As the UK's largest carers' charity Carers Trust launches a new website and online community for young carers, new research has shown the shocking effect needing to care for parents or siblings has on the wellbeing of young people who care for others.
The research with over 350 unpaid young carers from carers groups around the country compares the findings with a YouGov poll of 457 non-carers* aged 8-15. When the answers of the 457 non-carers are compared to the 200 young carers who were in the 8-15 age group the carers were less happy, more worried, sadder and more confused than their peers.
When asked what sort of things they worried about, the carers group were twice as worried about money, much more worried about bullying, exams, the future generally and of course they were much more worried about their families.
The full response of 348 young carers were asked how being a young carer made them feel. Around 48% said it made them feel stressed and 44% said it made them feel tired. However 51% percent reported they were proud of being young carers and 42% that it made them happy.
The research also shows a quarter of the young carers group don't have enough people to talk to and 28% said they would like to talk to other young carers online.
For this reason Carers Trust is launching a new online community and website for this age group called Babble (www.youngcarers.net or http://babble.carers.org) which will provide friendship and support online for young carers under 18.
Babble is a space where young carers can find others in a similar position, chat to each other, share their stories and hear about each other's experiences in a safe environment. It has been shaped by talking to young carers about what they want - from easy and fun ways to share content, to community interaction and support.
Babble has been funded by a grant from the Queens Trust.
As well as the support and friendship young carers can find with each other, they will also have access to help and advice, email and chat sessions with the Carers Trust Online Support Team who are all qualified youth and community workers or professionally qualified social workers. They also act as site moderators.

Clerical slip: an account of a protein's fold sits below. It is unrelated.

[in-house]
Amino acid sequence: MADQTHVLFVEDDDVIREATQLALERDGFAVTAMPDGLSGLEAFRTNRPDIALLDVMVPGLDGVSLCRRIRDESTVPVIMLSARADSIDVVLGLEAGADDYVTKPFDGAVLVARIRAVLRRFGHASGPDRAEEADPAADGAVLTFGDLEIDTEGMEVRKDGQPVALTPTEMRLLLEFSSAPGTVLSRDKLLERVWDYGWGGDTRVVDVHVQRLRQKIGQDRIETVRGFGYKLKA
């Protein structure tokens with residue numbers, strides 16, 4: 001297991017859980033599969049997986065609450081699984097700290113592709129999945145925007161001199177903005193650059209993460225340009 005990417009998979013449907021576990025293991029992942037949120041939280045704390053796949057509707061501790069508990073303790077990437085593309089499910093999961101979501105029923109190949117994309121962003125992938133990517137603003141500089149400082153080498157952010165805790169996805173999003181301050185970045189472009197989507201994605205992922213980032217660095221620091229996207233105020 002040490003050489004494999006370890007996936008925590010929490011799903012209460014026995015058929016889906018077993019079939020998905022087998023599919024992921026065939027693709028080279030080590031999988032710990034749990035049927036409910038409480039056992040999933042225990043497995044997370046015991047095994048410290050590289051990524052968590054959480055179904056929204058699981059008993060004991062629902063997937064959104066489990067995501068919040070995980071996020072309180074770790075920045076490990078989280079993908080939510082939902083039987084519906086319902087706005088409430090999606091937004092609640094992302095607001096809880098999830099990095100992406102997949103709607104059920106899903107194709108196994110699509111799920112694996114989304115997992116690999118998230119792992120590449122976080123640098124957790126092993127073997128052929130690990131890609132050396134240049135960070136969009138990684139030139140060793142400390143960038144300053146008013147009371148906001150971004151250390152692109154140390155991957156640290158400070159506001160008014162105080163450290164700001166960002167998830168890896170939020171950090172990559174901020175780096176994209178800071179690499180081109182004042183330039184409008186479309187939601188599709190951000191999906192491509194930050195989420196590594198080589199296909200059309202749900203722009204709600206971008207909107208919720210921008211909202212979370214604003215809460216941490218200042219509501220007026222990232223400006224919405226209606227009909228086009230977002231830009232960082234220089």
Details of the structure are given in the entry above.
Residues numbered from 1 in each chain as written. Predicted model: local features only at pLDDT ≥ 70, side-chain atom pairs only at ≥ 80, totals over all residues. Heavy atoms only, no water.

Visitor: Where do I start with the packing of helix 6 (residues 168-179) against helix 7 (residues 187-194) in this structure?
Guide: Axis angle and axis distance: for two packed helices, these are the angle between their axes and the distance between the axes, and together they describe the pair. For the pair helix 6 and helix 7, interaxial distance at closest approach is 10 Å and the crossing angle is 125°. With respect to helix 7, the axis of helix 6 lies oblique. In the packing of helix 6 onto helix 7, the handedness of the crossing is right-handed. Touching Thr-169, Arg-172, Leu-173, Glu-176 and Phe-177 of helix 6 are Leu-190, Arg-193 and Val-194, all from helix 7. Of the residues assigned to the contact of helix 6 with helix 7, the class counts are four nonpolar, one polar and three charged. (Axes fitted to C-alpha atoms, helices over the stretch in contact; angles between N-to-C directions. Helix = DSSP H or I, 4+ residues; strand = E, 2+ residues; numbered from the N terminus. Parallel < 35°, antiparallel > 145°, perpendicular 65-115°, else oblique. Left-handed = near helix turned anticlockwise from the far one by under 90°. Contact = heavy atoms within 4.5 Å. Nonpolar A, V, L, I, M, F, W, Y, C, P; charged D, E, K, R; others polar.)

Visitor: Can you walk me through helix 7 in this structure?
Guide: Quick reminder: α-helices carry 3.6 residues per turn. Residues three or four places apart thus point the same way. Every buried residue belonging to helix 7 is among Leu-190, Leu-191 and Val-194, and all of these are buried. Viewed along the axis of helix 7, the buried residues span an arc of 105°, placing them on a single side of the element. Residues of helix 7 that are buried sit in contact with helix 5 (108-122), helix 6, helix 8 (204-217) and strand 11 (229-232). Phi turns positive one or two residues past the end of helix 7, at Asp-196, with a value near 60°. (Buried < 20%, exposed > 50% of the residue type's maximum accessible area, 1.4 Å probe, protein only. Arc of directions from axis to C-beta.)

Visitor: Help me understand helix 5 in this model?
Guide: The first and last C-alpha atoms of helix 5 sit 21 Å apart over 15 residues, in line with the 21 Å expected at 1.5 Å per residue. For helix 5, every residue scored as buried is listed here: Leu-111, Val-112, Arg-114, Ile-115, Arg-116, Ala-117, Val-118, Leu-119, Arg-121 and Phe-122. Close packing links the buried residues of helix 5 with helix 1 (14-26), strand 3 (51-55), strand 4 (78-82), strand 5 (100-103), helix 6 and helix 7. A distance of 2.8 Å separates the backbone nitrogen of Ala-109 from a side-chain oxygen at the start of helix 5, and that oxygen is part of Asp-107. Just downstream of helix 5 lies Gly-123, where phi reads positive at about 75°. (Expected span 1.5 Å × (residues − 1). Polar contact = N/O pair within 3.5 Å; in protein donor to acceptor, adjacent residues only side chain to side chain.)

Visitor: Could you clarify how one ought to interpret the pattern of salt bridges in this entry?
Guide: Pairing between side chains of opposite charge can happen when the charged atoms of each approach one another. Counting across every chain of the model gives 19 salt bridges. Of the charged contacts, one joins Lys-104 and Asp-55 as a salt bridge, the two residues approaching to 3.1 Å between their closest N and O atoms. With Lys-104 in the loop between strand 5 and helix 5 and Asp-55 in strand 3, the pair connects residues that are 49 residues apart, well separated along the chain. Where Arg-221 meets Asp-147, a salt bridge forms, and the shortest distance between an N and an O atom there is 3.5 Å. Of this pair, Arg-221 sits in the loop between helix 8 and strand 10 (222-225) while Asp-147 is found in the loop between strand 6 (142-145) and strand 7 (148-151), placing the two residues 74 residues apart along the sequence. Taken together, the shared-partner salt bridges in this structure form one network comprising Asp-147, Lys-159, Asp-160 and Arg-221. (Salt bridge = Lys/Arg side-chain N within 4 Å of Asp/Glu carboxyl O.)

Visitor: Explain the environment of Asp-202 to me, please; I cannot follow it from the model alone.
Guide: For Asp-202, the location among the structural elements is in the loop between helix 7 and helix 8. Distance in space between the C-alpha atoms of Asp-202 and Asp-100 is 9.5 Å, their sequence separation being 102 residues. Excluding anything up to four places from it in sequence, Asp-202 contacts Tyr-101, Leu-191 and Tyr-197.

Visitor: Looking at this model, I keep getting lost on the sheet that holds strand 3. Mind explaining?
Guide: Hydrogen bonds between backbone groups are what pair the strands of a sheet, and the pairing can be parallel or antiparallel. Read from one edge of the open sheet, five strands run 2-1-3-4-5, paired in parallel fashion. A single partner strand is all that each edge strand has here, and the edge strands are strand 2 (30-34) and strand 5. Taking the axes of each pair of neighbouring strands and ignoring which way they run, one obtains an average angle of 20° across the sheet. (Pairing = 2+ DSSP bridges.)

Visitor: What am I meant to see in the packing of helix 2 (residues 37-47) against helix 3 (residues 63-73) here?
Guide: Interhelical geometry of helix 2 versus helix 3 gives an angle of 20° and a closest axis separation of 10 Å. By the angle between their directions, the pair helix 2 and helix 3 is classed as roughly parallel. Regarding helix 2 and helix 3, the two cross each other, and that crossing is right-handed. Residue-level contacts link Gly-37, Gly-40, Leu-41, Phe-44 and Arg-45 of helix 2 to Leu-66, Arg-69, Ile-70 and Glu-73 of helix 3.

Dr Moira Fraser, Interim Chief Executive of Carers Trust, says: "We know from what young people tell us that caring responsibilities can have a big impact on young carers' mental wellbeing, and this survey really brings home the scale of the issue.
"This is also the first time we've been able to compare young carers' feelings to other children and young people. It shows just how much Babble is needed to combat the risk of isolation and to make sure these young people are as happy and supported as they can be".
Young carers have said the following about online support Carers Trust have provided, and that Babble will allow us to increase hugely:
"It was my sanctuary in the midst of a very difficult time. It was a safe heaven. A place where I could be me and not be judged. It was my lifeline to help / support / friendships and reality - just because it's online it doesn't mean friendships aren't made."
"How do I start on saying what you guys have done for me? Through thick and thin you guys have been here for me. All the laughs I've shared with everyone on the site, both staff and users, makes my day. When there's days with no chat if I'm not busy I actually miss all the amazing people."
"I think it has helped me develop conversation skills and a lot of confidence. I've find it easier to get along with new people. It's also nice to know other young carers because I don't know anyone who's one outside the site. I like the fact everyone tries to help each other. I has a really nice atmosphere and honestly I love everyone there so much!"
"I think, including me, lots of people don't want to make a fuss that they're a young carer and sometimes just want a normal life which is why the online service is good. I use it and it's very helpful."